The vendor supplying up to 10,000 802.11ac access points for New York City's LinkNYC is Ruckus Wireless, the same company that is supplying Wi-Fi gear for cities like San Francisco and San Jose, Calif., albeit on a much smaller scale, sources close to the matter say.
Earlier this week, New York City Mayor Bill de Blasio's administration announced the selection of CityBridge to develop and operate the LinkNYC project. CityBridge is a consortium of companies that includes Qualcomm, Titan, Comark and Control Group. CityBridge's extended team includes Transit Wireless and Antenna Design.
A spokeswoman told FierceWirelesTech that CityBridge was unable to comment on Ruckus' role in the project. The city's Department of Information, Technology and Telecommunications spokesman could not immediately confirm Ruckus' participation. A spokesman for Ruckus Wireless would not comment.
Ruckus offers dual-band 802.11ac outdoor access points (AP) designed explicitly for high density public venues, such plazas and malls, and other dense urban environments, including the type that would be used in harsh outdoor environments. Its Smart Wi-Fi equipment, which is Passpoint certified by the Wi-Fi Alliance, is being used to power the Hotspot 2.0 service across both San Jose and San Francisco Wi-Fi networks.
According to the LinkNYC website, LinkNYC will be the fastest and largest free municipal Wi-Fi deployment in the world. As part of the plan, public pay telephones will be replaced with "iconically designed" Links, where residents can make free phone calls in the U.S. and get free 24/7 Internet access at gigabit speeds.
The service promises the ability to download a two-hour HD movie in as little as 30 seconds. Digital displays will show advertising and public service announcements. The Links will house "state-of-the-art" wireless technology, interactive systems and digital advertising displays.
This is likely a big win for Ruckus, which is continuing to ramp up work with municipalities across the country. While other Wi-Fi projects are being conducted in cities like San Jose and San Francisco, those are on a smaller scale and do not involve the same concept as New York's, using old phone booths converted into space-age type kiosks.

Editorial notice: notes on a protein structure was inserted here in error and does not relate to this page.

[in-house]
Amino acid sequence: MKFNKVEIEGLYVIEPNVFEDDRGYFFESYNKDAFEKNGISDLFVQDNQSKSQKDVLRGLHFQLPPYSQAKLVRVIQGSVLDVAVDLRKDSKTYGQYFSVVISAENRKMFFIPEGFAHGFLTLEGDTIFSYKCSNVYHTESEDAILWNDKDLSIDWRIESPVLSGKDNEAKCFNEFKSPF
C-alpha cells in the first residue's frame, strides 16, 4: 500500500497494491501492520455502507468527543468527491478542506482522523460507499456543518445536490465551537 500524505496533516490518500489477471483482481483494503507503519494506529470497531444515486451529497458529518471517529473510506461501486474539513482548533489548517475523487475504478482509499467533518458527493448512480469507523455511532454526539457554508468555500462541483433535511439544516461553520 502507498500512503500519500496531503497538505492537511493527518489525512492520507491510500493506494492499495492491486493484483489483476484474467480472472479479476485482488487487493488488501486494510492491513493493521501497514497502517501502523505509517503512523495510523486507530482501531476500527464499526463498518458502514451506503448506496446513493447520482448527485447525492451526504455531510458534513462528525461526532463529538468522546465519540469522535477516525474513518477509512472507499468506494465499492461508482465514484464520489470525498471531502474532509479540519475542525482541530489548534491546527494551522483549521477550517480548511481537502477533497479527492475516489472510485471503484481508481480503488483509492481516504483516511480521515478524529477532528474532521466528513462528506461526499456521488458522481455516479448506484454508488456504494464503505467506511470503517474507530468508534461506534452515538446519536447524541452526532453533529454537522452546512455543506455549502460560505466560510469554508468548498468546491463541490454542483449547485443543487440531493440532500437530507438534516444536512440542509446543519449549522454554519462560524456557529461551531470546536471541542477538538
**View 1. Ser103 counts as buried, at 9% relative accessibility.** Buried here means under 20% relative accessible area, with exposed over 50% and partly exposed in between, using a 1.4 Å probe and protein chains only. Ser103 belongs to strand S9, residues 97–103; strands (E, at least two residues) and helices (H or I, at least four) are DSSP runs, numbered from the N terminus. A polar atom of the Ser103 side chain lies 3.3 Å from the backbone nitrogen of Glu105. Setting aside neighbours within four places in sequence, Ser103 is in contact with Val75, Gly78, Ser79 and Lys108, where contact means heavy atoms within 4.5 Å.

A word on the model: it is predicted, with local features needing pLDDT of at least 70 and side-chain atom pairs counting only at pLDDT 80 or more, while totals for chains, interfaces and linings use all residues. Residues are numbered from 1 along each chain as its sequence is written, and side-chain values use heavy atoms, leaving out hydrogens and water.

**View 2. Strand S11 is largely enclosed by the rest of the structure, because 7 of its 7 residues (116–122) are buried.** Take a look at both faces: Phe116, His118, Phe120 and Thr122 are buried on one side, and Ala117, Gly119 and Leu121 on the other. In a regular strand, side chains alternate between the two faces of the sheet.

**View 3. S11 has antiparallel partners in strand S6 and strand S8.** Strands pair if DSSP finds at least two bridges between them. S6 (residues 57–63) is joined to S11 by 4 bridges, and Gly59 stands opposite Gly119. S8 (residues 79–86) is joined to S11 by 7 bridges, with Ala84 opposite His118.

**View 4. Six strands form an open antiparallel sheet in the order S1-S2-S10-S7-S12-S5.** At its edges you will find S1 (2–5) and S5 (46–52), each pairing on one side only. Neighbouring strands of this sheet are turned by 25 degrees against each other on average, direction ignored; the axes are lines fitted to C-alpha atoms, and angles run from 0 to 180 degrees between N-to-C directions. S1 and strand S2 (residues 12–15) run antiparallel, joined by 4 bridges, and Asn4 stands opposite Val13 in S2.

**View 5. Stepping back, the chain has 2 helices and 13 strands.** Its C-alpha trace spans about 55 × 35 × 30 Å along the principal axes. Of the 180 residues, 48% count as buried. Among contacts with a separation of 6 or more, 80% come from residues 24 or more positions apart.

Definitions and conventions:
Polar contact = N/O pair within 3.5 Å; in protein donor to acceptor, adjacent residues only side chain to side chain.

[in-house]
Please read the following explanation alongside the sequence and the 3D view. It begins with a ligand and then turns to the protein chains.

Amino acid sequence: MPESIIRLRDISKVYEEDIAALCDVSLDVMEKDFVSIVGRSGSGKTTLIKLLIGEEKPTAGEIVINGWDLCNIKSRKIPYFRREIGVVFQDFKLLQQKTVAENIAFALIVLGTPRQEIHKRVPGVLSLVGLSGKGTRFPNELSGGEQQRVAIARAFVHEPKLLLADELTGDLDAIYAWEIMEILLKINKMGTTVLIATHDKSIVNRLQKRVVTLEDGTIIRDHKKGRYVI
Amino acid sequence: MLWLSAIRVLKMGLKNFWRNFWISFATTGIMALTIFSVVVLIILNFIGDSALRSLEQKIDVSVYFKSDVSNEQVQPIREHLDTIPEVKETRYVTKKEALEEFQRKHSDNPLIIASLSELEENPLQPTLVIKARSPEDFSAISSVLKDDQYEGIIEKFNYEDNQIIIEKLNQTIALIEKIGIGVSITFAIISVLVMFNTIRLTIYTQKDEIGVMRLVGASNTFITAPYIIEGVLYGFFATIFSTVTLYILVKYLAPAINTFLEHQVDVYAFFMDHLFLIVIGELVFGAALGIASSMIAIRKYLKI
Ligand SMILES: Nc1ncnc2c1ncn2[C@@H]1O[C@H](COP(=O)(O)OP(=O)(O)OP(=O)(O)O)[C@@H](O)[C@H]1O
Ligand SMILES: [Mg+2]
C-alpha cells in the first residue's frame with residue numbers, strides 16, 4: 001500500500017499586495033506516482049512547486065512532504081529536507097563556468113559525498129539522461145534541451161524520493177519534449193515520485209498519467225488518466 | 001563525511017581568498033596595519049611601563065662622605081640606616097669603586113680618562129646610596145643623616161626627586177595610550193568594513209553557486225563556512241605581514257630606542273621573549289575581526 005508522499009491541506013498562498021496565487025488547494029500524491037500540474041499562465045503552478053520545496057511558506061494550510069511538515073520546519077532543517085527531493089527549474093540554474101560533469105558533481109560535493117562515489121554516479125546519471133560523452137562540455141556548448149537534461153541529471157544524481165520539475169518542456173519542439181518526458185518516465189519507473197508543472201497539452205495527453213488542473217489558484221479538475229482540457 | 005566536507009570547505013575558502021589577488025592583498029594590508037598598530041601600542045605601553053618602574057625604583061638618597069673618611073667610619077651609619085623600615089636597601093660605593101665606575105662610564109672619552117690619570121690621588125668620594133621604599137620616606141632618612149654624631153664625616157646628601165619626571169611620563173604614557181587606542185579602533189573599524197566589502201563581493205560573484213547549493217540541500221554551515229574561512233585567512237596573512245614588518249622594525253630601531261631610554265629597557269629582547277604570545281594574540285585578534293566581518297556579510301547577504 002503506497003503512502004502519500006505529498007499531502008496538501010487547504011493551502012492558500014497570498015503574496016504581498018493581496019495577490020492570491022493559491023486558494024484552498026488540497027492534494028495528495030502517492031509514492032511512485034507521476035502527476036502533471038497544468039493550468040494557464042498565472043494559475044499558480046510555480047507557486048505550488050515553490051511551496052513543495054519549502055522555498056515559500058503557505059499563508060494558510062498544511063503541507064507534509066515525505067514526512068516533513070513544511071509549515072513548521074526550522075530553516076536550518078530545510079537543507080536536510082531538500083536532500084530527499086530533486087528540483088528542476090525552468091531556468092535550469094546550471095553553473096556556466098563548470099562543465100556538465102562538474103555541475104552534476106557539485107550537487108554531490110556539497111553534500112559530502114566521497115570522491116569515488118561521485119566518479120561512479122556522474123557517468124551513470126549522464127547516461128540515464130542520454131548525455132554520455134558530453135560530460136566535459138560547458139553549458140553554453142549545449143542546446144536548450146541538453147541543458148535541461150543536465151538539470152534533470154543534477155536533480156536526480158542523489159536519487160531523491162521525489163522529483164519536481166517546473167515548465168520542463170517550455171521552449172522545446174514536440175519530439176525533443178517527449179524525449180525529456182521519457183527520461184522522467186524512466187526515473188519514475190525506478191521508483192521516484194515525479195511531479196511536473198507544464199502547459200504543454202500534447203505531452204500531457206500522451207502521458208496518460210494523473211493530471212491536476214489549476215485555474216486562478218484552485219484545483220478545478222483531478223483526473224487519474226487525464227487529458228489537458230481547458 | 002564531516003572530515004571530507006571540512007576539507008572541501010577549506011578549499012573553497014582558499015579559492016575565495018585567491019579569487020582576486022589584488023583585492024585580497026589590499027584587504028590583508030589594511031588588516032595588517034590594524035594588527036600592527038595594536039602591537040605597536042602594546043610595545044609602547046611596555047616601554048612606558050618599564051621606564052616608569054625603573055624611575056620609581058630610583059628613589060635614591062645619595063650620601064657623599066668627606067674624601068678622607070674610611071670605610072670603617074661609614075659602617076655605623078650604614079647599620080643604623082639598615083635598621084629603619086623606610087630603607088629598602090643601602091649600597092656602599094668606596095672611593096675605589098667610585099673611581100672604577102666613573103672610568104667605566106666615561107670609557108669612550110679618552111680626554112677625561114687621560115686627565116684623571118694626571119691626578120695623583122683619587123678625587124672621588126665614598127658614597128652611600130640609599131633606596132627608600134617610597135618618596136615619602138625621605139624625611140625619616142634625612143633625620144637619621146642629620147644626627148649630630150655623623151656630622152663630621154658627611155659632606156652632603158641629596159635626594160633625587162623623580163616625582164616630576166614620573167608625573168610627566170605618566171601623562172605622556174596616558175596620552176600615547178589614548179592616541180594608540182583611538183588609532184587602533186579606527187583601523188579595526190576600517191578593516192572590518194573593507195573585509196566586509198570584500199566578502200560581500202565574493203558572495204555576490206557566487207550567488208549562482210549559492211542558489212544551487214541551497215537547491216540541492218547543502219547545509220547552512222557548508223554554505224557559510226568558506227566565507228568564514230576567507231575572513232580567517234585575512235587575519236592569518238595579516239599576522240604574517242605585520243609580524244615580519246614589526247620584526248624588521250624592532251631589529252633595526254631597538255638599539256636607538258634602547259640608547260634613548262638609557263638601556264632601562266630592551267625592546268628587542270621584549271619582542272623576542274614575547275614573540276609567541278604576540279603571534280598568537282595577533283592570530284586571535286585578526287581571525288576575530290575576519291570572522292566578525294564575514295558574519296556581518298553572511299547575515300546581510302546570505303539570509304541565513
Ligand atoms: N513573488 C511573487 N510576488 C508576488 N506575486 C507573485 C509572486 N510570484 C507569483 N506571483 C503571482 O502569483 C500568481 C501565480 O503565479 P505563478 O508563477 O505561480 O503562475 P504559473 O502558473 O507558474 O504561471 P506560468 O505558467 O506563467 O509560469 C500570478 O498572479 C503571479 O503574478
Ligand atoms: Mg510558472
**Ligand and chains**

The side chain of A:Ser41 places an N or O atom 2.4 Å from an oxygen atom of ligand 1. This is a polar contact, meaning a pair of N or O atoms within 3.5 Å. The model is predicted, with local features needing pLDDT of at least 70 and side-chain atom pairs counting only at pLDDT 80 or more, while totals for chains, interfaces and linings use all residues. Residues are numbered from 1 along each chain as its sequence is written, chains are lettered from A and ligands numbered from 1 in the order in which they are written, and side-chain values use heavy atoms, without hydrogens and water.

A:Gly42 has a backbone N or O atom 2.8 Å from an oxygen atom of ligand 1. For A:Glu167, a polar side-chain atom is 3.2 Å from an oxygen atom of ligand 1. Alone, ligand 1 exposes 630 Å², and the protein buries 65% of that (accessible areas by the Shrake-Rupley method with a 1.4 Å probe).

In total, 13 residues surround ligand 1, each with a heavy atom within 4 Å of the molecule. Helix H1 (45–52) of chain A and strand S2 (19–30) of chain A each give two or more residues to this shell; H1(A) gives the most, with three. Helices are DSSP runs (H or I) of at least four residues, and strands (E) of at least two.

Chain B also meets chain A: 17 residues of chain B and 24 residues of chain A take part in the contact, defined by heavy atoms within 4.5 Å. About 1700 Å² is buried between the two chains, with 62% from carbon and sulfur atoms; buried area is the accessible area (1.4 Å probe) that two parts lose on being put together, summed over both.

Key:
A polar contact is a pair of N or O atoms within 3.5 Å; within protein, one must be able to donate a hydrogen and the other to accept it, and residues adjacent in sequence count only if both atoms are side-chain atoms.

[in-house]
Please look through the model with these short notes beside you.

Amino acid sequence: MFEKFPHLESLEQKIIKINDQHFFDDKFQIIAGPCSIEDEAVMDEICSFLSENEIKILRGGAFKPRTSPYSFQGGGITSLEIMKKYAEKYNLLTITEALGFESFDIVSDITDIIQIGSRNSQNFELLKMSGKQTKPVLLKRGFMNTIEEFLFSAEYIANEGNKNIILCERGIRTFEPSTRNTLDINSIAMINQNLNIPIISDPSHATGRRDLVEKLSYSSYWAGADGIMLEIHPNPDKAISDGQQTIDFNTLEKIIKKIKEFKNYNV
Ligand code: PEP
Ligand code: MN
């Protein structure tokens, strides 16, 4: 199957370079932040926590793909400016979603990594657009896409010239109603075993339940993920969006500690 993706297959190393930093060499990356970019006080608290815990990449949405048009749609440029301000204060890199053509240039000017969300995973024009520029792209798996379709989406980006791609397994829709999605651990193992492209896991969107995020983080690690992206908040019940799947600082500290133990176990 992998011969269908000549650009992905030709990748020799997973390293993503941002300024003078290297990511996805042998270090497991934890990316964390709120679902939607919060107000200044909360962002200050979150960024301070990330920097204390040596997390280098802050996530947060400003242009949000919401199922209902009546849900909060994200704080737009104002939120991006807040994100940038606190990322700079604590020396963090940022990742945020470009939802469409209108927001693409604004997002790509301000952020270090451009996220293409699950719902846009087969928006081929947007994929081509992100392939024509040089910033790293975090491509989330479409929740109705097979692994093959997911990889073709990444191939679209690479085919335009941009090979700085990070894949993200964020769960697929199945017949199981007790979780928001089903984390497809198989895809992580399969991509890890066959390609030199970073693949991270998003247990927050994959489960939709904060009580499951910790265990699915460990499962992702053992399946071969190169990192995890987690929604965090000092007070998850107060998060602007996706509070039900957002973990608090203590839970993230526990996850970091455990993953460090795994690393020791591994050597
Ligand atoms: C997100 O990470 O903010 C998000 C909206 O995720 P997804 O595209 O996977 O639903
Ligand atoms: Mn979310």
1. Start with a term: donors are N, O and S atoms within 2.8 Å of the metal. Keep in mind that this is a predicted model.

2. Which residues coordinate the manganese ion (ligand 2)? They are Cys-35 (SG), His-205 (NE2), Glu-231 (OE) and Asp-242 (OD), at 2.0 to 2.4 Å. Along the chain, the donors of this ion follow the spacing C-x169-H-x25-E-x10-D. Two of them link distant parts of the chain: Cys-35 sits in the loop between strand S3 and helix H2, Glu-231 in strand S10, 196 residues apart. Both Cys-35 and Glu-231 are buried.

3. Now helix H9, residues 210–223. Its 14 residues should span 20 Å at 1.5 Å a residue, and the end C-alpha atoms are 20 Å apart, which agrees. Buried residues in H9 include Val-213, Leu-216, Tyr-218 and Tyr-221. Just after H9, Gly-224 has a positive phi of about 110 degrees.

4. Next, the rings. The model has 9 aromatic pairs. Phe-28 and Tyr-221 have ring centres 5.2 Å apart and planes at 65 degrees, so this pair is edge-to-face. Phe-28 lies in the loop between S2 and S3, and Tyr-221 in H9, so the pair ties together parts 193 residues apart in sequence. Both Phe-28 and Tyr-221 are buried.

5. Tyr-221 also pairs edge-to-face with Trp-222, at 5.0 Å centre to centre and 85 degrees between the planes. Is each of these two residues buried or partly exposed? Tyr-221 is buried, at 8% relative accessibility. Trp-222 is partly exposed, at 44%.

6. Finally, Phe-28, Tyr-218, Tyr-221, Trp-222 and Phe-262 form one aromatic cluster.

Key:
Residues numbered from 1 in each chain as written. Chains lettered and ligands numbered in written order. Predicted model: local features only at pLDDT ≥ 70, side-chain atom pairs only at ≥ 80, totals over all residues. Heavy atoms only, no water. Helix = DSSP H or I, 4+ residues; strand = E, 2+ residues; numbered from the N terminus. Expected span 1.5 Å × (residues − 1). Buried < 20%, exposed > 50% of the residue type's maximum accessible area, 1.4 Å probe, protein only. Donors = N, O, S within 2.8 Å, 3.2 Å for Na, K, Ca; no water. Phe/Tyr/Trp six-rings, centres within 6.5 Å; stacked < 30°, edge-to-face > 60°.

Municipal Wi-Fi was all the rage a decade or so ago, but few projects succeeded, as CCS Insight analyst Peter Bryer writes in this blog. Analysts at CCS say municipalities and their partners often underestimated the complexities and overestimated the benefits of their Wi-Fi plans, with the majority of them lacking clarity around financing and charging.
"If the concept of a profit-generating, free wireless network sounds naively optimistic, it's worth pointing out that it's different this time," Bryer writes. "The hardware goes further and does more, and there are a lot more devices and services around to enjoy the free ride." In addition, residents and tourists could get used to it, as could companies such as Facebook, Twitter and Uber. "These service providers know about zero-rating," or subsidized data, enabling free access to their sites, he writes.
New York's plans are ambitious and revolve heavily around advertising--something the city apparently thinks its residents and visitors can withstand more of. The network is funded through advertising revenues and is expected to generate more than $500 million in revenue for the city over the next 12 years, according to the project's media data sheet. Construction of the network will begin in 2015.
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